Visually Impaired Skiing

October 3, 2012

We are asked all the time about how we manage to race through alpine skiing courses. We thought we’d explain a little about how we ski about the mountain, quickly and safely.

In IPC alpine skiing, the visually impaired athlete is led from the front through the course by a fully sighted guide. Charlotte says, “Kelly struggles to see me, so I wear a high visibility running vest over my training and racing suits so that she can have a better chance of following my racing line.”

Kelly and Charlotte Gold Downhill

Kelly and Charlotte Gold Downhill

“We travel pretty fast, and there isn’t as much time nowadays for verbal communication. I also used to look over my shoulder a lot more, that can be dangerous in speed events such as super-g and downhill, so we use bluetooth radio communications, originally designed for motorbikes but they work really well for skiing”.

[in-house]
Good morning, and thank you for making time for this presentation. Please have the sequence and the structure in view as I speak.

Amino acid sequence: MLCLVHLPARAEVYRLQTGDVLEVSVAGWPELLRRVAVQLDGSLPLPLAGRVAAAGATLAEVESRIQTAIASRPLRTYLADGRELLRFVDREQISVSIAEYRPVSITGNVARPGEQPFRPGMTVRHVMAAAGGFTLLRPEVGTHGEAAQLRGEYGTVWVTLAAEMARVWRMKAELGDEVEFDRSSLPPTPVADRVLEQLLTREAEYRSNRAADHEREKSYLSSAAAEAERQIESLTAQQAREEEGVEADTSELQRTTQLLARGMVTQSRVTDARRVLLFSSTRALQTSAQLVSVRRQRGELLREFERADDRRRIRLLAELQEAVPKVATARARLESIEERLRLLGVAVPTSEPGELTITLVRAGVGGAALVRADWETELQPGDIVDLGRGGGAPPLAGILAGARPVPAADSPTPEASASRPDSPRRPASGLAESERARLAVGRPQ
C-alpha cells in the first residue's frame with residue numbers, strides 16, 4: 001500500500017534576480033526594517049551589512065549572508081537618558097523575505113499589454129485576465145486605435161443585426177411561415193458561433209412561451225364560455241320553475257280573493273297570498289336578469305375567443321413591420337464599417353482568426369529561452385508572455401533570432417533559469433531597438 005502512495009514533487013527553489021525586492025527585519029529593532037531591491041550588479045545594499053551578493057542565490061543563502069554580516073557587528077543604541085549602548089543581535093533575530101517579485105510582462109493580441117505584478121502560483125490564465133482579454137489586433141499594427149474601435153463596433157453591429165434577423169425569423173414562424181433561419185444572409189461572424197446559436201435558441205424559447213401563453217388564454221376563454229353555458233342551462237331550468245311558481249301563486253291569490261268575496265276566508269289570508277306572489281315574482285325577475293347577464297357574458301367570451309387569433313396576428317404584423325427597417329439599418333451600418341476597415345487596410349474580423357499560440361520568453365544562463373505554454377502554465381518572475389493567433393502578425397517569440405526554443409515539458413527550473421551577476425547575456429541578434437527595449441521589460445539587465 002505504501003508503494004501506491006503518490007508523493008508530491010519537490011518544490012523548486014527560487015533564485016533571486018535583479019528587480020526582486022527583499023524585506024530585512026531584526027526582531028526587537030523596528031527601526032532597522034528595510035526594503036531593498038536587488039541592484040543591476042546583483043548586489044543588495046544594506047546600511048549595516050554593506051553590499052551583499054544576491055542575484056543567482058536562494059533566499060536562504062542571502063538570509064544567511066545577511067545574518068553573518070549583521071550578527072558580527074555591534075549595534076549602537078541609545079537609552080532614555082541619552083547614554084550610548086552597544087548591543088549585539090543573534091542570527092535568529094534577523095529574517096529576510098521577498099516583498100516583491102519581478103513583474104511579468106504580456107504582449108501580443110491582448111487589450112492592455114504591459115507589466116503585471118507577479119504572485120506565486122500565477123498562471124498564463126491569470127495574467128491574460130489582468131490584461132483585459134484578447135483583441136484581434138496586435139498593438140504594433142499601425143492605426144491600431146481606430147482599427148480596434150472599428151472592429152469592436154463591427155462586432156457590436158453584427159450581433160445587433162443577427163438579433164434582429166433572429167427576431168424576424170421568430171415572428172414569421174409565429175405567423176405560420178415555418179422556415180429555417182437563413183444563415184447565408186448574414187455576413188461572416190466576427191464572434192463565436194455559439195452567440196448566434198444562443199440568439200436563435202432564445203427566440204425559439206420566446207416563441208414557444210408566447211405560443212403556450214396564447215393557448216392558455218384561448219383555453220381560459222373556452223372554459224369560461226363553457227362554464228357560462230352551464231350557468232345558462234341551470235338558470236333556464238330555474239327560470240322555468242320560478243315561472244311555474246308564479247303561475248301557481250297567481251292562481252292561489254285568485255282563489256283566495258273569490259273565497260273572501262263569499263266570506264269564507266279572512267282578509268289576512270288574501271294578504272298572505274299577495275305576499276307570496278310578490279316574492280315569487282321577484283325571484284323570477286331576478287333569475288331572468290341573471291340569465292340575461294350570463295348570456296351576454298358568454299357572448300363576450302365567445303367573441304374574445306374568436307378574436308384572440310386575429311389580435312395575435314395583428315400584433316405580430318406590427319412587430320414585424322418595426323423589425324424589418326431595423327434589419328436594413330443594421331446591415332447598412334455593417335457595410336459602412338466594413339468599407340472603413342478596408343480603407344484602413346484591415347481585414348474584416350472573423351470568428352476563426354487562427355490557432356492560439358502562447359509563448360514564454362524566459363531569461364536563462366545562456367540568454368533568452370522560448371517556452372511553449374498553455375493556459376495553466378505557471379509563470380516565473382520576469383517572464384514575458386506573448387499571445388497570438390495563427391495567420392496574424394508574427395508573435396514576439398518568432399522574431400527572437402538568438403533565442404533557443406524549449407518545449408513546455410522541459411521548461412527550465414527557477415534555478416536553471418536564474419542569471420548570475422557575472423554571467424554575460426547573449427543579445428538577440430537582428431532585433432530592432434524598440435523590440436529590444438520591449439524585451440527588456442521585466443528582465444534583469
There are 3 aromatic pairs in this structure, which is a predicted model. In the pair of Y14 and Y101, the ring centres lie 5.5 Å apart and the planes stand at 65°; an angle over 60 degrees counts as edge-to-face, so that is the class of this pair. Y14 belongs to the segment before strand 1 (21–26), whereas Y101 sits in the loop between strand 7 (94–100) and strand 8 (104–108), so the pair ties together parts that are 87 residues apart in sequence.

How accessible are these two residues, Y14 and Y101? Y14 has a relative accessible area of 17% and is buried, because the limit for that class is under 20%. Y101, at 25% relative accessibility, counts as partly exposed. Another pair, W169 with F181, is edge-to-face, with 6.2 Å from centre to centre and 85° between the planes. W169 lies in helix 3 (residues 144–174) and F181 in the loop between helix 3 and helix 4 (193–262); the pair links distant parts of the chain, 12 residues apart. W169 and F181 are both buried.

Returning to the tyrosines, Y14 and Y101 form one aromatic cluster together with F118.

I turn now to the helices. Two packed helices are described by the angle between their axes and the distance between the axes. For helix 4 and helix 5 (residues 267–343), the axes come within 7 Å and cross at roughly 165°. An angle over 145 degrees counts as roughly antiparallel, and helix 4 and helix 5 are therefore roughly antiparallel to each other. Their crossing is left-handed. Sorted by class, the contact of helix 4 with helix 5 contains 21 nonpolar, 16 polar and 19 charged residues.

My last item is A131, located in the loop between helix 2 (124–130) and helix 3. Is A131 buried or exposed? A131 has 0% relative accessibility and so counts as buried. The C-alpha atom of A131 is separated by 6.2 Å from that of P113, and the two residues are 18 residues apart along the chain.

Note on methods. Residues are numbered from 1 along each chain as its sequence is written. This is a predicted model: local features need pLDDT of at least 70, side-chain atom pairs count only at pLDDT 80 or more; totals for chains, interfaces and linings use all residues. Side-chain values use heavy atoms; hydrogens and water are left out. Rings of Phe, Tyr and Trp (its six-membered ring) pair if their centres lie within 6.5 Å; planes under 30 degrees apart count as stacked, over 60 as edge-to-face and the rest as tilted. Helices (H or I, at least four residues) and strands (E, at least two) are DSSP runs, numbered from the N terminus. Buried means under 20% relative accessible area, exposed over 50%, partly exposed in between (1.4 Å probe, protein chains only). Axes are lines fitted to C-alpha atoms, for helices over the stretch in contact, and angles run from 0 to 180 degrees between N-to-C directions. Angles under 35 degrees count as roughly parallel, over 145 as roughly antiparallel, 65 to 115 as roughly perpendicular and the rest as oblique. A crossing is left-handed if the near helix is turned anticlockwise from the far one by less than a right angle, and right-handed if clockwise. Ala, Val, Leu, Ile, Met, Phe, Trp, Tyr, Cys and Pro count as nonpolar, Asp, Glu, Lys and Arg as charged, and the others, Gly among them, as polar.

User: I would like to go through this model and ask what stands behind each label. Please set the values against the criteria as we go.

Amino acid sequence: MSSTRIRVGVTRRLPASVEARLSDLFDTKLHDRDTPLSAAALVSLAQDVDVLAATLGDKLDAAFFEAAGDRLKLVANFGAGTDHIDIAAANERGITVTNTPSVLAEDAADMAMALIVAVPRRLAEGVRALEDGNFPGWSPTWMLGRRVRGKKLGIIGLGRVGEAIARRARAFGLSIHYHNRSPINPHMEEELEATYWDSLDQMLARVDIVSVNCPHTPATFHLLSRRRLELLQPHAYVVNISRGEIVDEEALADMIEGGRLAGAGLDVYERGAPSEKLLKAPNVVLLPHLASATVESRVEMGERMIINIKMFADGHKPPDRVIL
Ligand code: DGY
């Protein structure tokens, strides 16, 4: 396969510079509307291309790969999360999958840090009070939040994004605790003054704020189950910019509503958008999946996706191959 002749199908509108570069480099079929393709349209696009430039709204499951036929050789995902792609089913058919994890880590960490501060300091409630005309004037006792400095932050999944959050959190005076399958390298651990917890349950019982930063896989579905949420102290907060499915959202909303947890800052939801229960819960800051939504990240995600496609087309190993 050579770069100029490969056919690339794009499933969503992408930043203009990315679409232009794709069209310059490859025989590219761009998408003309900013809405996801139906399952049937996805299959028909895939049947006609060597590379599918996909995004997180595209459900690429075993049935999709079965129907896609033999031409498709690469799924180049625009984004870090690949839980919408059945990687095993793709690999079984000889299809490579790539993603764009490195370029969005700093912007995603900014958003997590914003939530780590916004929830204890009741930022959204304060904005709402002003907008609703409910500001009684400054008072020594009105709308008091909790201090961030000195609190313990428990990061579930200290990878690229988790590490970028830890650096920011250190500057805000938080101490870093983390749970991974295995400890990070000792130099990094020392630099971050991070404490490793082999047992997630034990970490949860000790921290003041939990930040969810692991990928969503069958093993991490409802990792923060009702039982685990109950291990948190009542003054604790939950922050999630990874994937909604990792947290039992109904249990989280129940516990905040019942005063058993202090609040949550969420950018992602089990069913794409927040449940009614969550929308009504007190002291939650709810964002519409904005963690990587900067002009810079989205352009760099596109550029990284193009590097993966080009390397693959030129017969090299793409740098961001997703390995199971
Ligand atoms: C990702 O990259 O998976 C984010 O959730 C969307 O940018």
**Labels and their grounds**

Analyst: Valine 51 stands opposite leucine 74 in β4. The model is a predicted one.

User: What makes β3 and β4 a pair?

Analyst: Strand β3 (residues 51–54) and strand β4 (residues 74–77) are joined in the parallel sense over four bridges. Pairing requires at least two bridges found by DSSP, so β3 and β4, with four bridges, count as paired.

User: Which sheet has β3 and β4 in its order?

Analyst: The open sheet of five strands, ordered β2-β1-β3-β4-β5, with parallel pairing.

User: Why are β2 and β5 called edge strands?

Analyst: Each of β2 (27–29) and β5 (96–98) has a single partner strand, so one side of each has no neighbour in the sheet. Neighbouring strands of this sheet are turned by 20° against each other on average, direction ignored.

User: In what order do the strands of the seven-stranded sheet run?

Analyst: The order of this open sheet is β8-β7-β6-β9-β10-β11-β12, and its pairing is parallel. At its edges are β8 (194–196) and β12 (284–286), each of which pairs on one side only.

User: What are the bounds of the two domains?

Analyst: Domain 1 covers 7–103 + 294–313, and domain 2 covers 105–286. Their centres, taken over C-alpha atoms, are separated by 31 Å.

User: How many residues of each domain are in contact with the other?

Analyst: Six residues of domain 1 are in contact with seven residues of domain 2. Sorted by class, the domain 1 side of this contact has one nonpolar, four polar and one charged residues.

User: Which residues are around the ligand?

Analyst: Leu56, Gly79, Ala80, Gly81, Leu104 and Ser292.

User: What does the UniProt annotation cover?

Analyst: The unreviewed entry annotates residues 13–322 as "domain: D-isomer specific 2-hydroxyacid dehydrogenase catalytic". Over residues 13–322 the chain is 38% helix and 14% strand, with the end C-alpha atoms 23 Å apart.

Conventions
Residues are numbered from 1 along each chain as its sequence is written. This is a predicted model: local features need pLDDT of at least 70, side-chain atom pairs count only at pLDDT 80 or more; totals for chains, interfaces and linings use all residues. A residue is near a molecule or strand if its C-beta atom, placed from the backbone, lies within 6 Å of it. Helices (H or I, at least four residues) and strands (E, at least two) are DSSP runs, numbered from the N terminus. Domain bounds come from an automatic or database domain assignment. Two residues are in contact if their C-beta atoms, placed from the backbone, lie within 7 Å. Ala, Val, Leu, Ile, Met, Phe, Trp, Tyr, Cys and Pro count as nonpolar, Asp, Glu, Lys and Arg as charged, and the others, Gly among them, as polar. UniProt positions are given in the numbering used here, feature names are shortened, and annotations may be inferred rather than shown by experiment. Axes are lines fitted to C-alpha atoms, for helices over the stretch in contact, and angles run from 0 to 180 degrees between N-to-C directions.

Kelly explains, “Cardo system’s Scala rider is an essential part of our equipment, we don’t go skiing without them. The lightweight system is very adaptable to skiing. We put the two way system onto our helmets with ease. Using the comms system has made skiing for someone with a visual impairment a whole lot safer”.

cardo systems

cardo systems

“Charlotte is able to tell me in real time, what she’s experiencing, bumps, ice, changes in light or terrain, it’s so important. All the racers use radio comms.”

“We charge them up every night as a precaution, but the battery life lasts all day, even in very cold temperatures, or extremely windy weather, we’re able to articulate the important bits quite clearly”.

In addition to the high vis. vest and the comms, Kelly also uses a high category goggle that filters as much light as possible similar to the Oakley fire iridium lens.


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